Science Articles

Don't Worry, be Happy!

Tue, 29th Dec 2009

The Science of Happiness

Douglas Richards

Happiness is the meaning and the purpose of life, the whole aim and end of human existence. — Aristotle

...life, liberty and the pursuit of happiness. — Unalienable Rights Listed in the US Declaration of Independence

While happiness itself is sought for its own sake, every other goal — health, beauty, money, or power — is valued only because we expect that it will make us happy. — Mihaly Csikszentmihalyi [Rhymes with Dsikszentmihalyi]

Okay! We get it. Happiness is important. But what exactly is happiness? And how would we know where to even look for it? Does money make one happy? Not necessarily. There are plenty of miserable millionaires. In my own case I have often found an inverse correlation between my happiness and the state of my wealth. TrampoliningWhen I had nothing, I had few responsibilities and wasn’t in constant fear of a falling stock market. I lived in an apartment at which the landlord fixed broken appliances and mowed the lawn. Life was great.

But if money isn’t the key to true happiness, what is?

In 1990, Mihaly Csikszentmihalyi (“MC”), then Chairman of the Department of Psychology at the University of Chicago (a school I graduated from the year before), came out with a book entitled, “Flow: the psychology of optimal experience.” MC was a pioneer in developing the science of happiness, and this book is a great place to start looking for answers. MC and numerous others have expanded this field over decades, studying thousands and thousands of subjects around the world. And, like the study of human facial expressions, their findings seem to be universally applicable across every culture they have yet examined.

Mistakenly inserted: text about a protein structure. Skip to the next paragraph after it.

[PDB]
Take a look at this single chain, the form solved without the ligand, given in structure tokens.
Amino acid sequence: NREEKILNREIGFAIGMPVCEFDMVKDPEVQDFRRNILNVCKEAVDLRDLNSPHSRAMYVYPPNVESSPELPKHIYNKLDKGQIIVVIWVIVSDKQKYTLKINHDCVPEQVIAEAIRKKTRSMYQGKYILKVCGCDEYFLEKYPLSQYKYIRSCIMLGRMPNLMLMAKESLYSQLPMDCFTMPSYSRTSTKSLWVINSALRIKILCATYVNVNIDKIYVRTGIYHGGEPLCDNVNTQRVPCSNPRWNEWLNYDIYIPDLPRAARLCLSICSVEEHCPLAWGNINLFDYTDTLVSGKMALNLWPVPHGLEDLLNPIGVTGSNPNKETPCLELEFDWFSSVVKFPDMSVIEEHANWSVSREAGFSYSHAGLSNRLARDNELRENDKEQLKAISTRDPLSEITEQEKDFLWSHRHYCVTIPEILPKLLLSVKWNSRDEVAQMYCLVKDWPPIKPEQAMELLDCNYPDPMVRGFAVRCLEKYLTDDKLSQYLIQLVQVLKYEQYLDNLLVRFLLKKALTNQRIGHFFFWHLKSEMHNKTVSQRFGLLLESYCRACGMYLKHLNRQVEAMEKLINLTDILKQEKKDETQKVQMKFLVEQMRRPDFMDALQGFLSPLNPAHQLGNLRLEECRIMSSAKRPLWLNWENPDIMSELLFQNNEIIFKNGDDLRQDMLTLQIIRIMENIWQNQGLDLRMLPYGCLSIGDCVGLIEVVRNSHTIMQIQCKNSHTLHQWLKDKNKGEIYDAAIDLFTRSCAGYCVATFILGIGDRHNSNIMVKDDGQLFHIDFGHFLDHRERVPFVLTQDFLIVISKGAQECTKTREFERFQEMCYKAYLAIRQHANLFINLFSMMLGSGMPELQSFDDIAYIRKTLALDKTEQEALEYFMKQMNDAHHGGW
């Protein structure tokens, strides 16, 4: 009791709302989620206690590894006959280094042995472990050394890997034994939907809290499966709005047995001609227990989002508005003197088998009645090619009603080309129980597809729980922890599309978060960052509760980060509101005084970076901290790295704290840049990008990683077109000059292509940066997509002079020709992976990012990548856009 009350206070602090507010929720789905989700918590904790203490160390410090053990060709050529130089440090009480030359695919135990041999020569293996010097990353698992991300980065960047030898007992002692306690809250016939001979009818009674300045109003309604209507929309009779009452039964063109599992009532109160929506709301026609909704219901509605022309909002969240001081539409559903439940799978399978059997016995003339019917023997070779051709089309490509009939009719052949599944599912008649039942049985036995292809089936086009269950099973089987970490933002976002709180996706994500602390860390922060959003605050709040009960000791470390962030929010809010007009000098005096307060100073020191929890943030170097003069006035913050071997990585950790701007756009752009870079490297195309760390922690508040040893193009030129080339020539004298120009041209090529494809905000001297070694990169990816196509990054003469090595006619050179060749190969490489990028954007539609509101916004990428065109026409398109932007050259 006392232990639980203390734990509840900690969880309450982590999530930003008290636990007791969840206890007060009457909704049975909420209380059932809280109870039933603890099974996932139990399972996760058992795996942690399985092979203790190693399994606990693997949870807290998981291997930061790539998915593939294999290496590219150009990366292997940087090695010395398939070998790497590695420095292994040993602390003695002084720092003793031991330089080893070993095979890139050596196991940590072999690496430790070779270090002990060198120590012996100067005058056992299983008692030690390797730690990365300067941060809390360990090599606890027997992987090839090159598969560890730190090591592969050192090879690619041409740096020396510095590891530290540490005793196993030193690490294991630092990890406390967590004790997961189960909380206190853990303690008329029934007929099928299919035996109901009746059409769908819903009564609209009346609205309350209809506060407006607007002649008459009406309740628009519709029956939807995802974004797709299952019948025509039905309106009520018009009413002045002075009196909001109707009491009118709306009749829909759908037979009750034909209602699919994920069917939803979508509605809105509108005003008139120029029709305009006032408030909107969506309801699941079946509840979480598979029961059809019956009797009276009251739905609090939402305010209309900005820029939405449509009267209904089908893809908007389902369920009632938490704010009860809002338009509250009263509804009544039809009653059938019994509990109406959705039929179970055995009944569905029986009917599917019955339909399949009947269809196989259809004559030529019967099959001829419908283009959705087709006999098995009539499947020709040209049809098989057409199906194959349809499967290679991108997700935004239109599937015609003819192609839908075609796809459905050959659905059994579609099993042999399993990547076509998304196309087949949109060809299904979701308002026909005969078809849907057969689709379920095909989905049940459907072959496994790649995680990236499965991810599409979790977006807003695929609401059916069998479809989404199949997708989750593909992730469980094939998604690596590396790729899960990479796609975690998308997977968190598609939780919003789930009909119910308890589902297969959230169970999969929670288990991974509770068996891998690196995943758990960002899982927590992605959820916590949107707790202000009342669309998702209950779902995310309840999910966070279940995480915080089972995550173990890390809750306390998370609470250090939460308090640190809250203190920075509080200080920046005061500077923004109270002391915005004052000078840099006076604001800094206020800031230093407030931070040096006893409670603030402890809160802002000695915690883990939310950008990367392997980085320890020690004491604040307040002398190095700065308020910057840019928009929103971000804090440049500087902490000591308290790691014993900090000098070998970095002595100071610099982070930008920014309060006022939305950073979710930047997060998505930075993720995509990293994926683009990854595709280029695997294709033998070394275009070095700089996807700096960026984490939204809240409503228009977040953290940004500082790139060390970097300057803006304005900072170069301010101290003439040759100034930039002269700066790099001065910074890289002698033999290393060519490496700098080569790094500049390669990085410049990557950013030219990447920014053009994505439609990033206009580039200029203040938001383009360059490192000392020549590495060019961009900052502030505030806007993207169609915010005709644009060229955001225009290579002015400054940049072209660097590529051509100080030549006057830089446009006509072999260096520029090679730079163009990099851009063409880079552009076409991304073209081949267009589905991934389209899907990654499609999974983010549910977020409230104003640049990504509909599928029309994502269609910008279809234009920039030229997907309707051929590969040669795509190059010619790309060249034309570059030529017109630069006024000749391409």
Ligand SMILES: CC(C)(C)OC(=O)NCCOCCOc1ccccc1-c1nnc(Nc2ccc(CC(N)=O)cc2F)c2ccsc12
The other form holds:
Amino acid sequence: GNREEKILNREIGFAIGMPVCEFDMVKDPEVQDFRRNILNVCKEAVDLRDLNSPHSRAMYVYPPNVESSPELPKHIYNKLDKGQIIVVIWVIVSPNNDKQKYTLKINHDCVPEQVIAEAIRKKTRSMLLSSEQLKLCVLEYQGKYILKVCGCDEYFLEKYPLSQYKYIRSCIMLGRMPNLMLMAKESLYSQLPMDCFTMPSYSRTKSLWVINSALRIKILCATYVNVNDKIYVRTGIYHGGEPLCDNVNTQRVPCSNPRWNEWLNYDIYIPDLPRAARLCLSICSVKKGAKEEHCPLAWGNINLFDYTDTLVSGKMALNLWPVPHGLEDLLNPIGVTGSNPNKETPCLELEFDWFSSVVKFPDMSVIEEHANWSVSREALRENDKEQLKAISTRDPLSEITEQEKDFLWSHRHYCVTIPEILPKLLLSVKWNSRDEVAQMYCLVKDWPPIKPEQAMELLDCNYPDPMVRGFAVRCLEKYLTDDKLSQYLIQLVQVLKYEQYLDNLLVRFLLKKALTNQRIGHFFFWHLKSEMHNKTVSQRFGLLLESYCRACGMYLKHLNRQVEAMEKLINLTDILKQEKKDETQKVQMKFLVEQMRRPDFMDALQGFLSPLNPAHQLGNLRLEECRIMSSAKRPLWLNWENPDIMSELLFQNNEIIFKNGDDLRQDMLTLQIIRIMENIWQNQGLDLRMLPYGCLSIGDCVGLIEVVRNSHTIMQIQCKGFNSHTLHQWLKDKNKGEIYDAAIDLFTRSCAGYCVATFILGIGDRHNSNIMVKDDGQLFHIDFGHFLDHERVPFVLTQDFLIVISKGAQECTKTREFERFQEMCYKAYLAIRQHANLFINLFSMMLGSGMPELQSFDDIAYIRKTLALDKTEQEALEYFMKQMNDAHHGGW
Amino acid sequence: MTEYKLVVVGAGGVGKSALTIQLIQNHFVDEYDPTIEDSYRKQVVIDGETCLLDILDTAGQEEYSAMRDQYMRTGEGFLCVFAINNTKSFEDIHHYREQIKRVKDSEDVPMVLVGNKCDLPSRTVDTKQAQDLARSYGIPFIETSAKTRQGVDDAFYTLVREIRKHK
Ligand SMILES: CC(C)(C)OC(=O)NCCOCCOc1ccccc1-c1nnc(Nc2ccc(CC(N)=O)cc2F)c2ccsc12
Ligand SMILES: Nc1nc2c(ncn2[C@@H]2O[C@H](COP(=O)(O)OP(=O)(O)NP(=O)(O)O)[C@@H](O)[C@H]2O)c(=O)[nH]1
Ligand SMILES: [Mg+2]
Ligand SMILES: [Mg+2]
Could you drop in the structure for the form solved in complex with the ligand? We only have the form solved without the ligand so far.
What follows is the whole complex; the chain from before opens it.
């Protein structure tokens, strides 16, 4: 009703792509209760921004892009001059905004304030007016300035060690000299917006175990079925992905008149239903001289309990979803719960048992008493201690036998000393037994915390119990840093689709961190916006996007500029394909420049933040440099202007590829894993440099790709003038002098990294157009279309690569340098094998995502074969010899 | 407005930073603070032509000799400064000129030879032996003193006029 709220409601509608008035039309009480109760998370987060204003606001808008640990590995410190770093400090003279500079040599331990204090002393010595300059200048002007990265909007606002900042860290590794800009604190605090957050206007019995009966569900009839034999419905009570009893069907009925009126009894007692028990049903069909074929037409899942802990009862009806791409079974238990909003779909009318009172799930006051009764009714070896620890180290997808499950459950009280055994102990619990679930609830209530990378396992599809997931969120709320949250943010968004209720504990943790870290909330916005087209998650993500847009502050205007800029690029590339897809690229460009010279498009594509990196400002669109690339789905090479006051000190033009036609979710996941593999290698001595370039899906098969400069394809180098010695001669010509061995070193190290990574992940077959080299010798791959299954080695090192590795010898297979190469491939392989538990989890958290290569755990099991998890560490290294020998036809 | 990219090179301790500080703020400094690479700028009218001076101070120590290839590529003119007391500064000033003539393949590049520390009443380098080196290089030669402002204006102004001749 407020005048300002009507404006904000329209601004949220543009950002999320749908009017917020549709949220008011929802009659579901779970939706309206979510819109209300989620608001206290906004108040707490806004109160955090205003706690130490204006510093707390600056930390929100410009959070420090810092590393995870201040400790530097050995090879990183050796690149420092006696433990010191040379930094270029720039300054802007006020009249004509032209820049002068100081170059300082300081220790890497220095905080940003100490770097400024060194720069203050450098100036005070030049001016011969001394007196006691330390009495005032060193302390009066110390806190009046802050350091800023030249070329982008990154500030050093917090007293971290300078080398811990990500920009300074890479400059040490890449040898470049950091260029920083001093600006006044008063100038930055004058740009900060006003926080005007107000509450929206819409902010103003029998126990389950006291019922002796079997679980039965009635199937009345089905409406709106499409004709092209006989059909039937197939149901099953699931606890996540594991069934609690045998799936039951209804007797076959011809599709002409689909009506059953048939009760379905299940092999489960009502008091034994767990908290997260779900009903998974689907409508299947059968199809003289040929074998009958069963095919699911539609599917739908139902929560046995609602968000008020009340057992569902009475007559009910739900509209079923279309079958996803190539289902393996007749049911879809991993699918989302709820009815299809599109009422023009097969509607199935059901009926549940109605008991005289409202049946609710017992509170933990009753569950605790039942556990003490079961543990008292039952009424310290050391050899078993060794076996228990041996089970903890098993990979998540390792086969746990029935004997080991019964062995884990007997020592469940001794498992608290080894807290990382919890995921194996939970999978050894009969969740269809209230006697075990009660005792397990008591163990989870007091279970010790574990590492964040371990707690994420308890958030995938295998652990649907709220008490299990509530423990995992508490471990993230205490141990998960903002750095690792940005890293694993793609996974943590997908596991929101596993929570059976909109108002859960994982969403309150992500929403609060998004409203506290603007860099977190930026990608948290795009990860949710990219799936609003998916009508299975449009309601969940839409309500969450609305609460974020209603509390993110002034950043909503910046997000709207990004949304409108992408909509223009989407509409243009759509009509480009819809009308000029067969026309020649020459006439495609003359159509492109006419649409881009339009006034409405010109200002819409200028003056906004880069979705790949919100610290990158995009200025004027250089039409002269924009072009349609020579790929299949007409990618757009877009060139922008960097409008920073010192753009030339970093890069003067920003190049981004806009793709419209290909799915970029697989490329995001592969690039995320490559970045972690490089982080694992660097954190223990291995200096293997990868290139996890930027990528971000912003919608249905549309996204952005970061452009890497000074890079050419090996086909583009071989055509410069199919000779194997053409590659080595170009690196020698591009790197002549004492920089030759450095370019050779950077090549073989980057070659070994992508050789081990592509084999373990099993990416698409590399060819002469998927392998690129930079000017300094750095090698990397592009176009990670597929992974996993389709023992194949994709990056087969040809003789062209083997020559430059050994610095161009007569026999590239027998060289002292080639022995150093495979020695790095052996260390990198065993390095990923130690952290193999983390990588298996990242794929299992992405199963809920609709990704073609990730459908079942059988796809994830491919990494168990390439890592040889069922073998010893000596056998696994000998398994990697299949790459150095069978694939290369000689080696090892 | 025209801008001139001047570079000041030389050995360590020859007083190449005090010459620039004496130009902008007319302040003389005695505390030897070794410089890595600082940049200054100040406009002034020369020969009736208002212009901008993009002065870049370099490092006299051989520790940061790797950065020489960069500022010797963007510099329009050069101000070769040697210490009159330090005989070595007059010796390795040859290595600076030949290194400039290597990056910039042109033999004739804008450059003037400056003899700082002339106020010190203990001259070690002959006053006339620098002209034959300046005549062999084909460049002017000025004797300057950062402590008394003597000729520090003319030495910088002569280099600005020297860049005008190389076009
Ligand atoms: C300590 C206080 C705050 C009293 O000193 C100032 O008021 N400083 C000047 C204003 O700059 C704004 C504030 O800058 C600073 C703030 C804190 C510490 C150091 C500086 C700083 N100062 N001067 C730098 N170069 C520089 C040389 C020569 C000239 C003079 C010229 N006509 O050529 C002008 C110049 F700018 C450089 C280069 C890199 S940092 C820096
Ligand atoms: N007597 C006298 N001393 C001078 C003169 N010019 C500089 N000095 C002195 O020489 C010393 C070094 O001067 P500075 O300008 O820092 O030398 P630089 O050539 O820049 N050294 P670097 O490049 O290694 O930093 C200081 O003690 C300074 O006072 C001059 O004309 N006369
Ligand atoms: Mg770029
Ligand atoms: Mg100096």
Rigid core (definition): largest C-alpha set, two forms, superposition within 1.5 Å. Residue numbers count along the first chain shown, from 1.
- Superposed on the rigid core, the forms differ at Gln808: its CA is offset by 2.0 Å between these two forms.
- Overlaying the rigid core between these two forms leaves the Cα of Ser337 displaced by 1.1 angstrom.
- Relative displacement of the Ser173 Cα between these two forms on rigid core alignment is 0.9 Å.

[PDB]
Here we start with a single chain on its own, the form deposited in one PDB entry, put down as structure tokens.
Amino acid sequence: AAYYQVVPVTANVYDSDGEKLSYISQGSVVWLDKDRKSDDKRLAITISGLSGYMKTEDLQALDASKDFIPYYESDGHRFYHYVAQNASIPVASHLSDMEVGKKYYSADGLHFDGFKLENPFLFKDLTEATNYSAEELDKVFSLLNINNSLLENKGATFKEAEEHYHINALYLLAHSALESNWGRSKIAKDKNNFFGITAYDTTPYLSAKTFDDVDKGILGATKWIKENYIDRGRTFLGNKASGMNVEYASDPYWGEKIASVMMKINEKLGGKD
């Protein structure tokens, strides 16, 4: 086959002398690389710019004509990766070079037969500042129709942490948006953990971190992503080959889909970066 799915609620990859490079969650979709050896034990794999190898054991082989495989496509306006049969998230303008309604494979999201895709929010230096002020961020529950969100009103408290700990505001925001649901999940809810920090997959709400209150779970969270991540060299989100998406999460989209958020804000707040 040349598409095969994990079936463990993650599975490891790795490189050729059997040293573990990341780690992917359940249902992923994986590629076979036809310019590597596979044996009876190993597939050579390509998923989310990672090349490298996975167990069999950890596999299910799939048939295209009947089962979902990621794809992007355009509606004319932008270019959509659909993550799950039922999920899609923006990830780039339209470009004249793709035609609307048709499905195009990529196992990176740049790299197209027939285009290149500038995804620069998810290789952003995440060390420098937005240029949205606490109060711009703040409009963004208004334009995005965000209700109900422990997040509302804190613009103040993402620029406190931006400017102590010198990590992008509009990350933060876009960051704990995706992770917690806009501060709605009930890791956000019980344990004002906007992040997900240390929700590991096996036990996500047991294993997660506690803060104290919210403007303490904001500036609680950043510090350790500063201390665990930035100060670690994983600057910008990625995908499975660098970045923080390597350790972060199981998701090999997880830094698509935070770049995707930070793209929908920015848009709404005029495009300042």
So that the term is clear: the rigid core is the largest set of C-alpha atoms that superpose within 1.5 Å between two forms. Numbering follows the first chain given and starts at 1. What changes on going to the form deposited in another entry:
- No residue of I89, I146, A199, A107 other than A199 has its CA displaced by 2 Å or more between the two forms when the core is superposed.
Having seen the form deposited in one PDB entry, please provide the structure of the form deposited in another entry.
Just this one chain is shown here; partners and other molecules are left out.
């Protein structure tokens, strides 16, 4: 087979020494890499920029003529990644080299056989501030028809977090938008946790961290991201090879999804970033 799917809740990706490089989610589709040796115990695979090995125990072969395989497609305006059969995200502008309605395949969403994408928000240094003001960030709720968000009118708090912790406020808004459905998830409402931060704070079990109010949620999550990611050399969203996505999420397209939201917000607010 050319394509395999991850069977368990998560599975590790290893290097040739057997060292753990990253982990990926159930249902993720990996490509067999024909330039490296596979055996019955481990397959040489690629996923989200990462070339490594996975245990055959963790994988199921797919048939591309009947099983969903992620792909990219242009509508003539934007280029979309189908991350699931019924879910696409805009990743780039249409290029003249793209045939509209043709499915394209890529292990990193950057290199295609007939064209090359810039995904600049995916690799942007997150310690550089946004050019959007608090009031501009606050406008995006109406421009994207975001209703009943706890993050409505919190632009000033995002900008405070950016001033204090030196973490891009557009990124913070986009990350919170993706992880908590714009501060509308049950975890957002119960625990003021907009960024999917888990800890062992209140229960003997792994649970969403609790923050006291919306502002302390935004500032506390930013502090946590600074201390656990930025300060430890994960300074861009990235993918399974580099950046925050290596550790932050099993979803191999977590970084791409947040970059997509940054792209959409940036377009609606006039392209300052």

Basically, what MC and others have found is that people are the happiest — not when they’re sitting mindlessly in front of the television for hours on end (even when it’s a 60-inch plasma set) — but when they’re making mental or physical efforts that engage them in a challenging activity that requires skill. An activity that isn’t too easy (which would get boring) or too difficult (which would cause anxiety and frustration). An activity for which you have clear goals and receive clear feedback, and one for which your skills can continue to improve, allowing you to grow as a person. According to MC, “Contrary to what we usually believe . . . the best moments in our lives are not the passive, receptive, relaxing times — although such experiences can also be enjoyable — the best moments usually occur when a person’s body or mind is stretched to its limits in a voluntary effort to accomplish something difficult and worthwhile.”

During activities such as these, you achieve a state of what MC calls “flow”, a state in which your attention is so totally absorbed by what you’re doing there is no room in your consciousness for fear or worry. In fact, you become completely unselfconscious; for once not caring about such trifles as your appearance or what others think of you. Your hair could be standing on end as though you’d just stuck your fingers in power socket but you’re far too engrossed to notice — or care. You’re so focused on the task at hand that you even lose your sense of time. For example, when I’m writing, which I love to do, five hours can fly by like five minutes. On the other hand, when I’m with my wife while she’s shopping for shoes, five minutes can seem like an eternity. In the words of MC, “Struggling to overcome challenges, and then overcoming them, are what people find to be the most enjoyable times in their lives. People typically feel strong, alert, in effortless control, unselfconscious, and at the peak of their abilities.” And while it is true that we relinquish our sense of self while engaged in flow-producing activities, when our sense of self returns we realize that we’ve been enriched; that our skills have grown and so has our sense of achievement.